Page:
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Does anyone have any idea if the NY Fahgettaboudit 1410 chain (Kryptonite rating = 12) is really better than the NY Evolution 1210 chain (Kryptonite rating = 10). I would assume that the NYFU weighs a little more, but every website seems to have a slightly different weight. Also, looks like the NYFU has a slightly bigger opening in the lock portion, which may allow better access for tools, but a thicker shackle links. What do you think? Worth the extra 20 and weight? I'll prob use either in conjunction w/ one of the mini u locks if I'm leaving it locked for a while...
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Old 08-22-10, 03:11 PM
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Originally Posted by vol View Post
(First, shouldn't there be a forum devoted to thefts and security?)
NO. That would be a bad idea. No need to discuss all the personal 'little details and tips' on bike security on public forums. It just gives thieves out there more ideas on how to steal bikes. KISS= keep it secret stupid.
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Old 08-22-10, 03:47 PM
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Originally Posted by wolfchild View Post
NO. That would be a bad idea. No need to discuss all the personal 'little details and tips' on bike security on public forums. It just gives thieves out there more ideas on how to steal bikes. KISS= keep it secret stupid.
Security by obscurity only works with passwords. Any decent locking method will be able to handle scrutiny.
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Old 08-22-10, 04:09 PM
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Although both kinds of locks have weaknesses; I choose to use a U lock with a accessory cable (midrange, from a reputable company such as kryptonite), portability being the deciding factor. I personally own one of those kryptonite NY chains and they are as heavy as they look; I only use it for longer lock ups in not so safe areas.
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Old 08-22-10, 09:06 PM
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Regarding the cable locks, people keep saying that, yes, it is easy to be cut, and you should not use it as the main lock for your bike, but should use it as a secondary lock, just to lock your front wheel to the frame. It sounds poor logic: if it's easy to be cut, what's the use to lock your wheel with it?? The thief will get your wheel, which you don't want to lose.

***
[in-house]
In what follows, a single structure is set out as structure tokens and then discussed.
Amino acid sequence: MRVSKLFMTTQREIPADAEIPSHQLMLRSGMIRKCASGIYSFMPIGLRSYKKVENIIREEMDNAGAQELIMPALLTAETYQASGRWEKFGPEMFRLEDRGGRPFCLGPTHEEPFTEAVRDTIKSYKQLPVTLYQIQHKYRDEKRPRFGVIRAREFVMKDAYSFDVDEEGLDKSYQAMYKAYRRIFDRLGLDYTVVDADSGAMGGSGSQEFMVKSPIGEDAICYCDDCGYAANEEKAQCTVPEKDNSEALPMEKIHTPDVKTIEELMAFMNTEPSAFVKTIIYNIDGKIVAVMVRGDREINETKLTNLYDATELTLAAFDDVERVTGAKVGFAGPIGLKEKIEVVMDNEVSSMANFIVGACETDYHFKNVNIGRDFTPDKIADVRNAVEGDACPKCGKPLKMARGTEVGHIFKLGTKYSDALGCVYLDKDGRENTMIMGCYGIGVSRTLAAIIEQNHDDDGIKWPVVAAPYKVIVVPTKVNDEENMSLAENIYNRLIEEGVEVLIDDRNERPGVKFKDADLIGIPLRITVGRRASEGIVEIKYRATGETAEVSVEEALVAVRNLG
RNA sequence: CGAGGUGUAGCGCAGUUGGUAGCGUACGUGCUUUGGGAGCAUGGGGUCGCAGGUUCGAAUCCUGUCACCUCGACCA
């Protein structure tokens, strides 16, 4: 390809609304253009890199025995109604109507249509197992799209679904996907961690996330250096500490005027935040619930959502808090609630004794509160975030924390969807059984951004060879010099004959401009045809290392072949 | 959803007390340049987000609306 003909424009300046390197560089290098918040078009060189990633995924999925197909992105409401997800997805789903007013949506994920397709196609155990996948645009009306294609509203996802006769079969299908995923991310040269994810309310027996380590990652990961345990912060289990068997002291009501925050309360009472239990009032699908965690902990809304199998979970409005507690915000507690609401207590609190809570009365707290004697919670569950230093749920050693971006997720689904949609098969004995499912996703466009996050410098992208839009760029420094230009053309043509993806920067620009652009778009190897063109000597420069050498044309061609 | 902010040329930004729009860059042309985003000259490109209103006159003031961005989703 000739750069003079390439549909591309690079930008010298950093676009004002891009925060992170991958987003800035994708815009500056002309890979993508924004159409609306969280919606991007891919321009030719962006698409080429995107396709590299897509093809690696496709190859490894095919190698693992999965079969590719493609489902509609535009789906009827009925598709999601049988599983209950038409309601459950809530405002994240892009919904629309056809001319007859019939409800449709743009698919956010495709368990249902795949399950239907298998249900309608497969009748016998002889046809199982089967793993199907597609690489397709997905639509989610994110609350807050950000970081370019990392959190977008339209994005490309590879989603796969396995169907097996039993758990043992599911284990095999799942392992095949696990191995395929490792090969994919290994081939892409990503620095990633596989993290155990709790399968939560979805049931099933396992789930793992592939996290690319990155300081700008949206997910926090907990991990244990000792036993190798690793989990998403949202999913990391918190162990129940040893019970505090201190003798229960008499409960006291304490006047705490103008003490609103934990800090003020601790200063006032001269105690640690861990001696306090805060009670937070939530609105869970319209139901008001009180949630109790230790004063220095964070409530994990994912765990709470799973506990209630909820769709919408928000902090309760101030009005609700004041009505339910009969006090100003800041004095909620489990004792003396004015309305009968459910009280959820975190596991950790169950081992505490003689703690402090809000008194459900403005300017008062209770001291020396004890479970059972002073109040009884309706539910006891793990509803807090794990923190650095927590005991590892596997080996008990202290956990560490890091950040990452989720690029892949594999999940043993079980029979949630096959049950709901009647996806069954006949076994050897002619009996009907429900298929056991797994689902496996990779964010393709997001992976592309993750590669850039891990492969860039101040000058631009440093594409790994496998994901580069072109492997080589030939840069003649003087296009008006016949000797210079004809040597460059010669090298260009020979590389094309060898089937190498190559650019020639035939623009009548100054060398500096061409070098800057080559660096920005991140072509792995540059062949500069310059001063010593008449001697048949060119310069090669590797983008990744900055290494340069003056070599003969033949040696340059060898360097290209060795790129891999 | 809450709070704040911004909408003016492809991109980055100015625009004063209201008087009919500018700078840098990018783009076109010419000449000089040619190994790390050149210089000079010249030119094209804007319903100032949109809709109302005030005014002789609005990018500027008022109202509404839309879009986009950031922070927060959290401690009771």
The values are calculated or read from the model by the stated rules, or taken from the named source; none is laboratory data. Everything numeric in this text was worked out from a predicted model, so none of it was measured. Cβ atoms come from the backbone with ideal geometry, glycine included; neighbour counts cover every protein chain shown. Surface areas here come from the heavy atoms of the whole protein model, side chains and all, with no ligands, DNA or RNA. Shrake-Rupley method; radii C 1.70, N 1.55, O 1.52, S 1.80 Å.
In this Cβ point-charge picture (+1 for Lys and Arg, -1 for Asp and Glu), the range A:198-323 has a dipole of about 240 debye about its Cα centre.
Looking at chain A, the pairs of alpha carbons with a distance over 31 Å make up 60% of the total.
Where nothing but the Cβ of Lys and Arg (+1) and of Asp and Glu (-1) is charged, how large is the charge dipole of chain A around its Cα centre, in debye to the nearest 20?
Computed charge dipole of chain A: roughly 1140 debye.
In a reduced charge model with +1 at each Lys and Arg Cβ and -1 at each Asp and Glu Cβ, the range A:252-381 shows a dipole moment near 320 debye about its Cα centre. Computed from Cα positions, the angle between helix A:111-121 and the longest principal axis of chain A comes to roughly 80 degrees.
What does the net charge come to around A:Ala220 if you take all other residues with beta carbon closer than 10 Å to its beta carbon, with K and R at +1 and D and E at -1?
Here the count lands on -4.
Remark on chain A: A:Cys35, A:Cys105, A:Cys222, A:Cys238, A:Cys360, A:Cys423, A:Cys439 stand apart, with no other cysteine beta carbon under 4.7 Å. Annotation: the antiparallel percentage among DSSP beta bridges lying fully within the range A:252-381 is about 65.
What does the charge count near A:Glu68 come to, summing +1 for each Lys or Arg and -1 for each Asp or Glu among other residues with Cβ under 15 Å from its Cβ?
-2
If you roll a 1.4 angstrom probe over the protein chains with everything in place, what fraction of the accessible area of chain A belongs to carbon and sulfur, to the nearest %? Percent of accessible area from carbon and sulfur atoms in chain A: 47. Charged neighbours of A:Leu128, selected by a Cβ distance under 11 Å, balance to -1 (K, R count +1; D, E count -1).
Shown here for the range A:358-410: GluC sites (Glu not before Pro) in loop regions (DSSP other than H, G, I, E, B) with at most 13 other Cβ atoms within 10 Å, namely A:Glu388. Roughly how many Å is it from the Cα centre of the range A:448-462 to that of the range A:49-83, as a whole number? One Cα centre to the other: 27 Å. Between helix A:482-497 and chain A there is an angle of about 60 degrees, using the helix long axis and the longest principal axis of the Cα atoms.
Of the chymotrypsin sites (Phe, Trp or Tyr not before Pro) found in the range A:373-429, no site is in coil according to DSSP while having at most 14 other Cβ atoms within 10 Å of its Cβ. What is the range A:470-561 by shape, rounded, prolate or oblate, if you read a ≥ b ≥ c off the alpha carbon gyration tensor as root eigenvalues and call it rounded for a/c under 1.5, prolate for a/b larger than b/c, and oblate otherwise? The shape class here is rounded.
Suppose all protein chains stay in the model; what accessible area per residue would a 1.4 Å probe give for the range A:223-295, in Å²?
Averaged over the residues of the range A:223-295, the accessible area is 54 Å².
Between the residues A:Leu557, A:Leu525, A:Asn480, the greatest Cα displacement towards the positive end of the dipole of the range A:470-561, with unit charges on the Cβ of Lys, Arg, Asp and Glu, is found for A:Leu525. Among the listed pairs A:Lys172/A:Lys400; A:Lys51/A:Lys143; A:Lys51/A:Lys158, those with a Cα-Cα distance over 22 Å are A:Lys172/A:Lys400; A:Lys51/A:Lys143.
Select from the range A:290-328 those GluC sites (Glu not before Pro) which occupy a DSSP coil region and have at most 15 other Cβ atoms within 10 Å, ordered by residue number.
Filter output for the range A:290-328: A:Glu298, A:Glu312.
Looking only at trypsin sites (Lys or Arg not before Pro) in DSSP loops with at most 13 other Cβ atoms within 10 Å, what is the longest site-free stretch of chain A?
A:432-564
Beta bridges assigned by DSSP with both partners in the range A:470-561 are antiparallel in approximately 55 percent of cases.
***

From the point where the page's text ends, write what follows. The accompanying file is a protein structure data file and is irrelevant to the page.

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Old 08-22-10, 10:13 PM
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Originally Posted by vol View Post
Regarding the cable locks, people keep saying that, yes, it is easy to be cut, and you should not use it as the main lock for your bike, but should use it as a secondary lock, just to lock your front wheel to the frame. It sounds poor logic: if it's easy to be cut, what's the use to lock your wheel with it?? The thief will get your wheel, which you don't want to lose.
Few thieves would go to the trouble to cut a cable to steal just the wheel - if they can cut a cable and get the whole bike it's worth the hassle.

My experience with cutting cables is that it's harder than just a snip with the bolt cutters - you end up more or less chewing through the cable, which takes a minute or two. I've never tried to cut a bike cable lock, though (what I've cut has been industrial wire rope), so I don't know how different it is. I suspect it's similar, in which case it's enough effort that it's not going to be worth it to a thief unless your front wheel is something really special.